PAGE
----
Since Genjiro proved to have such an attitude, the seinen who accompanied him were different from others when it came to their mental preparedness. Genjiro was strict when instructing and training seinen from Myodo’s subsidiary churches. He was strict because of his desire to have them be grounded spiritually so they could become Yoboku in the future who served God by firmly dedicating themselves solely to the path. Genjiro felt there was nothing more unfortunate if these seinen were unable to serve God efficiently when they became head ministers or missionaries.

Genjiro was even stricter with seinen whose parents lived short lives, that is, those who were born with the causality to live a short life themselves. At the same time, he showed special concern to them by taking them along on his mission tours and taking it upon himself to teach them a way of life that would help them cut away such a causality.

A young Manabu Motobuchi from Nadaka Branch Church accompanied Genjiro to a church located in a farming village where the only three worshipers were senior citizens. While he thought the talk would probably be over in an hour, Genjiro passionately spoke for over two hours. Genjiro later said: “Yoboku ought not to pay attention to numbers or to who happens to be in attendance. There is no knowing what kind of large path will open through these three people. This comes from my experience doing missionary work in Kyushu. Never let your guard down. You cannot uphold the divine truth if you pay attention to numbers or to who is in your audience. It leads to unspiritedness.”

Sadaichi Fujinami of Kunimitsu Branch Church once accompanied Genjiro on a mission tour to Mito. They rode a night train from Osaka Minatomachi Station (now JR Namba). It was the rainy season and the train was packed, but one seat was open. Sadaichi had Genjiro sit down as he stood in the aisle. Genjiro did not sleep even after they passed Nagoya. When Sadaichi encouraged Genjiro to go ahead and sleep, his reply was: “You are standing up while I am sitting down. I am unworthy. How can I let myself sleep?”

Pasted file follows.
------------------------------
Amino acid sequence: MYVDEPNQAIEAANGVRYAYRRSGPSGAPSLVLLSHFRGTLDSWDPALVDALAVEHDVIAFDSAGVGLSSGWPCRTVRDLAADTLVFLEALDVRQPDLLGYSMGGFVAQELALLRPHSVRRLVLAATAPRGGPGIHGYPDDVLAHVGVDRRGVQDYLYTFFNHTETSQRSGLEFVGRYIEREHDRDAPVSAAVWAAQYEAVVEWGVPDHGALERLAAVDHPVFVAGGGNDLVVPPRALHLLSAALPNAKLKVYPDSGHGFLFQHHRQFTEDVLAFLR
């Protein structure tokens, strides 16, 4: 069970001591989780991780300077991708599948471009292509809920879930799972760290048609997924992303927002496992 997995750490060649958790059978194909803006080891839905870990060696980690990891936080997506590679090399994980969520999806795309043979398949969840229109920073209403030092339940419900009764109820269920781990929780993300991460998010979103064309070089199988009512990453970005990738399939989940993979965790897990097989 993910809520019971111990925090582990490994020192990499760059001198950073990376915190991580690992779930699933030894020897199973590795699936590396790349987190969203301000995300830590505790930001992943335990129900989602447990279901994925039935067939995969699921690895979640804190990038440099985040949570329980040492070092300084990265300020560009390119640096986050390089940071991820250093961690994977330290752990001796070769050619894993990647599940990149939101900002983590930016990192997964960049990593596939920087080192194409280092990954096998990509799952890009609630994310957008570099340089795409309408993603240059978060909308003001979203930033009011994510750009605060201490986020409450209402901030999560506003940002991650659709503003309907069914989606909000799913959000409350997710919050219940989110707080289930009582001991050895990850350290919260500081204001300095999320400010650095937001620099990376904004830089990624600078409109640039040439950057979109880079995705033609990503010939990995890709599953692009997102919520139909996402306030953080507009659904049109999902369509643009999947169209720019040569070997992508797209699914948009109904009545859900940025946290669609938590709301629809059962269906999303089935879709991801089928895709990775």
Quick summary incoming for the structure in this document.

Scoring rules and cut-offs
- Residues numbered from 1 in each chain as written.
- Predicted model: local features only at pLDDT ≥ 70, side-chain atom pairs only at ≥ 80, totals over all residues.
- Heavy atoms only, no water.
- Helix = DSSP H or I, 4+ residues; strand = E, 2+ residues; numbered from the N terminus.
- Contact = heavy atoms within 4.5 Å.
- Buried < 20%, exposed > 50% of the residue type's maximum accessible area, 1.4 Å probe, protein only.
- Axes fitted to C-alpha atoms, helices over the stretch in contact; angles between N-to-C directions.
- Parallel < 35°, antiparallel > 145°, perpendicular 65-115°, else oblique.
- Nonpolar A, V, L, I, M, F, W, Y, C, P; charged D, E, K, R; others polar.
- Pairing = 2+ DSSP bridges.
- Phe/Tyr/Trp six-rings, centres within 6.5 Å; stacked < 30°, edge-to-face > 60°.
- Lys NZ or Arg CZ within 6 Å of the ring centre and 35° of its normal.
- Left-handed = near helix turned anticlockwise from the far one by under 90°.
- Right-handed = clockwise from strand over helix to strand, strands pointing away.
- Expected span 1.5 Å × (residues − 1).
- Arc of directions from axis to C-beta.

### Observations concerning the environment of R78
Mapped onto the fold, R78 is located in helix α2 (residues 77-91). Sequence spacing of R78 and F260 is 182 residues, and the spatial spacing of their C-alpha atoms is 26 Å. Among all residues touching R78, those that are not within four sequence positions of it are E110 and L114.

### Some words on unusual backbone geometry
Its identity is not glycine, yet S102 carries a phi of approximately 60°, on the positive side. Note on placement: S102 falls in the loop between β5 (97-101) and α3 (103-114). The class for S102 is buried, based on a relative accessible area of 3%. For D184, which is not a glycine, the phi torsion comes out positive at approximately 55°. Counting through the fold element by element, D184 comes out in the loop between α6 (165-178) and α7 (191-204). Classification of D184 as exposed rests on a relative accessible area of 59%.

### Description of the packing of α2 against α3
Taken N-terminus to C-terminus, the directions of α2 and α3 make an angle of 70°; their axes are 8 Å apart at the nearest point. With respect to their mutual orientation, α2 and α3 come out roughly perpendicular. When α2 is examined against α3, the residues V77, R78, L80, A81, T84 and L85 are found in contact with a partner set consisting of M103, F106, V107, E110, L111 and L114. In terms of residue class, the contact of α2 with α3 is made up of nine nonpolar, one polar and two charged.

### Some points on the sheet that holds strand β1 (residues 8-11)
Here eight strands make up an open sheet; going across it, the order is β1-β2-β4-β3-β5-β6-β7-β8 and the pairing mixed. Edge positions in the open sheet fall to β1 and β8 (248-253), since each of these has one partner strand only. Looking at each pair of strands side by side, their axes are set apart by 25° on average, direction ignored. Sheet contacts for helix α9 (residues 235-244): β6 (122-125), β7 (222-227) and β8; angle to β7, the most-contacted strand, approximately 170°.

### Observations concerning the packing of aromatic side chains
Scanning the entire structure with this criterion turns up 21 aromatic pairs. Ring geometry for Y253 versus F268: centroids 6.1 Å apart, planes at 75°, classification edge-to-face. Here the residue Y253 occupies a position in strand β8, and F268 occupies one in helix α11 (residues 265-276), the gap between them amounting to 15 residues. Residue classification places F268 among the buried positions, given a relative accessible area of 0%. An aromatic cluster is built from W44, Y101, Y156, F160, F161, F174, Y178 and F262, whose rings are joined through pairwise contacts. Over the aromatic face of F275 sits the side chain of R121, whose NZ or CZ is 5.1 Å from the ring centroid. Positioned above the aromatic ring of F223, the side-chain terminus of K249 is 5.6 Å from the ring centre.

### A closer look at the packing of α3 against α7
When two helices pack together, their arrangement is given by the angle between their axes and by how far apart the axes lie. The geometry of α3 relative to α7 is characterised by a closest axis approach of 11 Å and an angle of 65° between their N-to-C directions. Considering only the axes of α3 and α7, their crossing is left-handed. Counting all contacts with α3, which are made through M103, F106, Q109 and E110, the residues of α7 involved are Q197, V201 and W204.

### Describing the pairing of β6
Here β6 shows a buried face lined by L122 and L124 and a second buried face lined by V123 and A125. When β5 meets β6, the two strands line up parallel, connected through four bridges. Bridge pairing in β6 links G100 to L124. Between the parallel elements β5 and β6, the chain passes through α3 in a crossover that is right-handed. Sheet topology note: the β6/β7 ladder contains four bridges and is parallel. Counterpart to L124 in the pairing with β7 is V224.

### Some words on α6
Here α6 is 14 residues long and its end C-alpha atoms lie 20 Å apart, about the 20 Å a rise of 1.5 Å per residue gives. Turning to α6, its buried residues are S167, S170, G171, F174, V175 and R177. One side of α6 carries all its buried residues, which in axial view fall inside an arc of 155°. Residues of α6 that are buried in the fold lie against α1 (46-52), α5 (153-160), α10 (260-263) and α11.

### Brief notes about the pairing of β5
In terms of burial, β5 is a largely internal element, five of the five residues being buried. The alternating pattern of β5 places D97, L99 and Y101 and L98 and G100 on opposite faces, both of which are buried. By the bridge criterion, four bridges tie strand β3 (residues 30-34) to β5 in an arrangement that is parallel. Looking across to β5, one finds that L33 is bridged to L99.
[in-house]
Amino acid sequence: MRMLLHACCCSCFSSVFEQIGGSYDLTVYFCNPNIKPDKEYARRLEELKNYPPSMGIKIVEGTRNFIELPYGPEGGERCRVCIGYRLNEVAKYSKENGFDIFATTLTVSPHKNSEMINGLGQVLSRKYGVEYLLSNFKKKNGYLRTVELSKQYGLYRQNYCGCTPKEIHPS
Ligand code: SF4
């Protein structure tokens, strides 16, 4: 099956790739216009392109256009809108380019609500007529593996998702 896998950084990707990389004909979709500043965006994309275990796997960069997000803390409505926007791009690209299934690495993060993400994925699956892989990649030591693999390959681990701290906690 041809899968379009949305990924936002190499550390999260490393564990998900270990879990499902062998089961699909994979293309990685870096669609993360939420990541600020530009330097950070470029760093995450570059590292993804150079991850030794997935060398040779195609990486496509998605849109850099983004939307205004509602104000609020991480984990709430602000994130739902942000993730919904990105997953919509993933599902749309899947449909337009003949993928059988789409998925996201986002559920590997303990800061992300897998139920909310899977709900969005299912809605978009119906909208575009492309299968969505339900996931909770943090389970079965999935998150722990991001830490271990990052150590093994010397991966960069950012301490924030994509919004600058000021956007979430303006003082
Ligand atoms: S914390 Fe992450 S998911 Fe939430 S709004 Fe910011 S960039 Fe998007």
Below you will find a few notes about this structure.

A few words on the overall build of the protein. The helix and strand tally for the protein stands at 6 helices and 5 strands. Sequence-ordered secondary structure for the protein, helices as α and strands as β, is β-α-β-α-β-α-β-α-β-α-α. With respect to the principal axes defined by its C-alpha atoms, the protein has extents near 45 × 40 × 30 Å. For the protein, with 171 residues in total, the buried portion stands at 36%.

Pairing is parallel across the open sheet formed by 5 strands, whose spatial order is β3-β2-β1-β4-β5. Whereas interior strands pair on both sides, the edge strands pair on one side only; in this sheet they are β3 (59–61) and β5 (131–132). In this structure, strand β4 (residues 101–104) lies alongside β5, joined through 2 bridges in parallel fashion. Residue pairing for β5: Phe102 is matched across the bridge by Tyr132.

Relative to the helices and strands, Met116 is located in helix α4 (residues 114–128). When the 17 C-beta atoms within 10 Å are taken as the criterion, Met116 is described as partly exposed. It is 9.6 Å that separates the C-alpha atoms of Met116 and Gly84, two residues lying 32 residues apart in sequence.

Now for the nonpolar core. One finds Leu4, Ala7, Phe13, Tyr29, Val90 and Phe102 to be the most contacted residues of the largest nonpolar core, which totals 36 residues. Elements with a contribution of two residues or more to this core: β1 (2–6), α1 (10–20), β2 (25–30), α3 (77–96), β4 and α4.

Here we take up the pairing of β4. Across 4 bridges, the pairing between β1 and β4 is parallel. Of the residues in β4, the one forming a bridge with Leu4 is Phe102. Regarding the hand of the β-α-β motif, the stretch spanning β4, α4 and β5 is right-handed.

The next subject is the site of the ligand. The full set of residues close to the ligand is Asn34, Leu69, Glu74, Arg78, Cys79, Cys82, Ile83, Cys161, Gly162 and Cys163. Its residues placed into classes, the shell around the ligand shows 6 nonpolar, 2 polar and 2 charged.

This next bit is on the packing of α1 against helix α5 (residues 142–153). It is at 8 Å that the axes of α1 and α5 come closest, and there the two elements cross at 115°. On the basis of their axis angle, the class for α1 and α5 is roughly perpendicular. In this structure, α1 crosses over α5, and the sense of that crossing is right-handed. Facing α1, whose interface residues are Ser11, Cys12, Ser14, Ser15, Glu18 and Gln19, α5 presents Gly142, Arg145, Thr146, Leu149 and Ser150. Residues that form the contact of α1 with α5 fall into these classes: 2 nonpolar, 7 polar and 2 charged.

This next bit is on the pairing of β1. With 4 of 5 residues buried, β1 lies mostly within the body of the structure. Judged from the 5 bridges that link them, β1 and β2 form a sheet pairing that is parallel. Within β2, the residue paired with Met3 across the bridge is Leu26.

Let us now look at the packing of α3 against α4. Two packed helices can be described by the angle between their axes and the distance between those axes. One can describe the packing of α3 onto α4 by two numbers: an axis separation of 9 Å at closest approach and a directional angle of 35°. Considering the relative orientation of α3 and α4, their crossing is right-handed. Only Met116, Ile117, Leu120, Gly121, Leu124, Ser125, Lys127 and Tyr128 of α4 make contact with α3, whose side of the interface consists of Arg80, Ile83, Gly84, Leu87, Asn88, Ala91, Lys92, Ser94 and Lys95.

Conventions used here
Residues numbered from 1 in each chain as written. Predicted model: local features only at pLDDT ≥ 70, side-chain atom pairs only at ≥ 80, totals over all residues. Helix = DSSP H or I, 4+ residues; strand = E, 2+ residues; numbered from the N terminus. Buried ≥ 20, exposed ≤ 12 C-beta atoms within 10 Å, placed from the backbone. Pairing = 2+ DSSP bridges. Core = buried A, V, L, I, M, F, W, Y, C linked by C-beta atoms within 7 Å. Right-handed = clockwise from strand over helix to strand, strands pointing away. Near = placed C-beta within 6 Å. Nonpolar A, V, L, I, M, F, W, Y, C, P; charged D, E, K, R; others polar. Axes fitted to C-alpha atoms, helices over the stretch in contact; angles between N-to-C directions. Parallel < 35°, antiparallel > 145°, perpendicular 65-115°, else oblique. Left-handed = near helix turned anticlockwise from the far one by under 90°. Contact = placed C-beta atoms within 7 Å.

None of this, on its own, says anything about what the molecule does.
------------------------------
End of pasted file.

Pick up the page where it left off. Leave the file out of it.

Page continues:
Hearing these words, Sadaichi thought to himself that he had to get a seat somehow and put Genjiro’s mind at ease so to let him sleep. He then remembered the talk Genjiro gave earlier that day on how blessings from heaven depend on the efforts one made. He realized that he had to make up for his inadequate efforts in the train. He began talking to another young man on the train about God’s teachings. About an hour later, a passenger informed him he was getting off the train at the next station and allowed him to sit down. The seat was right next to Genjiro’s.

When Sadaichi told Genjiro about what happened, he said, “Then I’ll rest now,” and went to sleep.

The next morning, they got off Ueno Station to transfer to the next train, which did not leave for another hour. They washed their faces at sinks in the station, paid their respects toward the direction of Jiba, and said, “Well, let’s eat then.”

Sadaichi suggested they go to a cafeteria nearby, but Genjiro told him no and pointed his finger to a bench on the station platform. The taste of breakfast eaten amid the swirling mass of people and dust during rush hour was something entirely different.

Since going on a mission tour was a part of his calling, Genjiro hardly rested whenever he was on a tour.

In 1925, Genjiro was appointed the diocese superintendent of Kyoto and four other prefectures. There was a celebratory dinner on the night he reported to his new post. He woke at dawn the next day and cleaned the sanctuary himself while the diocese directors still slept after drinking the previous night. He astounded them when he announced after breakfast, “I am going on a mission tour to visit the congregation this afternoon.” He quietly collected the tokens of appreciation he received on his tours while he was superintendent and presented the money at the end of his tenure to the diocese, saying he wished for them to use it to repair the diocese buildings.